"Valor is stability, not of legs and arms, but of courage and the soul."
Heroes don't always wear capes, uniforms or white hats.
Some of them, like Amy Munnell, wear pretty dresses. Some of them, like Bobby Brannigan, wear jeans, t-shirts and baseball caps
Heroes don't always play football or go to war for their country. Some of them, like Amy Munnell and Bobby Brannigan, use computers to fight for the things about which they feel most passionate.
Several years ago when Babe and I remodeled our house, we installed a small elevator. My friend Amy had never been able to visit me because there was no way for her wheelchair to climb our three flights of stairs. Having once been stuck on an elevator, it took her service dog, Kia, to help her conquer the resulting fear. Small home elevators, however, remained scary, so when our addition turned out to be too narrow for her chair to fit into, I was disappointed. I can still see the relief, however, on Amy's face.
When she came to St. Simons for a visit recently, we finally rode together on two very small elevators. Now, for most people, it wouldn't have made a blip on their courage radar chart. But for Amy, it was a leap of faith and I knew it.
We visited our mutual friend Debbie Brown near Savannah and were able to wander all three floors of her new home because Amy and I squeezed into Debbie's small home elevator. I didn't hear Amy's teeth chattering, although I'm sure in the back of her mind there hovered a big, fat fear of something going wrong to render her helpless.
When we returned to St. Simons, it was Amy who suggested we give my elevator another try since her newest chair was smaller. Voila! After zipping through two floors and landing on the third, we spent a lovely hour visiting like good girlfriends do ... like we had wanted to do for such a long time.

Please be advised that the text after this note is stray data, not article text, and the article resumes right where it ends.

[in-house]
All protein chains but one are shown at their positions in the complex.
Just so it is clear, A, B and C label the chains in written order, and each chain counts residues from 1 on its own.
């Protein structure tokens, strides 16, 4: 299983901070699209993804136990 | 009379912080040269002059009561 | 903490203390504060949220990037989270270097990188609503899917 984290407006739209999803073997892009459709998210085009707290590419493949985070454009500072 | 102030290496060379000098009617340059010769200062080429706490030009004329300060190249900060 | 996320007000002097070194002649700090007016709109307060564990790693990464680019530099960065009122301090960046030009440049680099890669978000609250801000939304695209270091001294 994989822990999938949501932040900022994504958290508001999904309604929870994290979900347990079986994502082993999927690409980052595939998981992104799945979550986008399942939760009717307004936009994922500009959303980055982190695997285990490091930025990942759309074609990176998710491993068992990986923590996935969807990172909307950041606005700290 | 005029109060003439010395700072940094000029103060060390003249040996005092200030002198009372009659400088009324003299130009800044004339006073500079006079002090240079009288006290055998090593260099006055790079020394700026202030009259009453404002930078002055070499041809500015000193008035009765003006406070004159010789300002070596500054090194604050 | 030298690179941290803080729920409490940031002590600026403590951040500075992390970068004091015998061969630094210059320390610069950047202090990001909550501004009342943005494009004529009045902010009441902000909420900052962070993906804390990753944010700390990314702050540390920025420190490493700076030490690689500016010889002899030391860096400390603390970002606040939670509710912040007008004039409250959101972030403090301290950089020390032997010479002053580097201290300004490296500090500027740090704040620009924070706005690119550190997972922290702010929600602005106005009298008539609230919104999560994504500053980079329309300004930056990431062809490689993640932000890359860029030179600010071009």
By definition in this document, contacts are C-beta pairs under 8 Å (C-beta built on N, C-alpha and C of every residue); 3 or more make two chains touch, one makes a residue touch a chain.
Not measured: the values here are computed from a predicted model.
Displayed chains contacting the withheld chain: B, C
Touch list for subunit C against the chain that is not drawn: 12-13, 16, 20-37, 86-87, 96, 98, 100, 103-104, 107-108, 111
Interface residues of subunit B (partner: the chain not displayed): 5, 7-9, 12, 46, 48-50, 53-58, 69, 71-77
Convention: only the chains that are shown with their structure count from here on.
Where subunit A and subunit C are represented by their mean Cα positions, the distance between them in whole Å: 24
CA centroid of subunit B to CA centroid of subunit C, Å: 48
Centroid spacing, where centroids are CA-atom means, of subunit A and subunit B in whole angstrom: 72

Amy was born with Spinal Muscular Atrophy and has lived her entire life in a wheelchair. Highly independent and determined to hold onto her spunk, she is cautious and doesn't take significant risks. In our twenty years of friendship, she gets around almost as well as I do, and I often forget that she gets to ride while I must walk.
Amy has a great sense of humor that I love plus an incredible outlook on life. Not only does she write and edit, she also creates fabric collages, two of which I own and treasure. She interviews authors and then posts the interviews on her blog, "Three Questions … and Answers." She loves to have fun — I've seen her "dance" to beach music at Ziggy Mahoney's on St. Simons Island. She is an amazing woman and she is my heroine.
Bobby Brannigan is 58-years-old and was diagnosed with ALS sixteen years ago. Although the prognosis for ALS patients is a three to four-year survival, Bobby is beating those odds. His enthusiasm for life and for looking at each hour as another opportunity to raise ALS public awareness, allows him to keep fighting long after many of us would have given up.
Congress recently passed a bill to create a national ALS registry, thanks in large measure to Bobby's perseverance. He worked diligently at his computer sending out emails nearly every day to many people, garnering the needed support for getting the bill passed. On October 8, 2008, people across the country living with Lou Gehrig’s disease celebrated a tremendous victory when President Bush signed into law the ALS Registry Act.
The registry will collect information leading to the cause, treatment and cure of the deadly neurological disease that took the life of baseball legend Lou Gehrig in 1941. It will help in finding out what causes ALS, how it can be effectively diagnosed and treated, and ultimately how it can be cured. This one piece of legislation has brought hope to those dealing each day with ALS. Bobby Brannigan, helped to make it happen.
Bobby says, "I'm not handicapped. I'm just lazy." I beg to differ. Heroism has been defined as the habit of bearing up nobly under trials, danger and sufferings. From where I sit, the man who steers his wheelchair with a sign on the back that reads, "2 fast 4 U," lives the definition of heroism with every breath he struggles to take.
There are no Medals of Honor or Purple Heartsgiven out to those wounded by debilitating disorders. If there were, they would be awarded to my two heroes, Amy Munnell and Bobby Brannigan.
When it comes to Heroes, they don't come any bigger.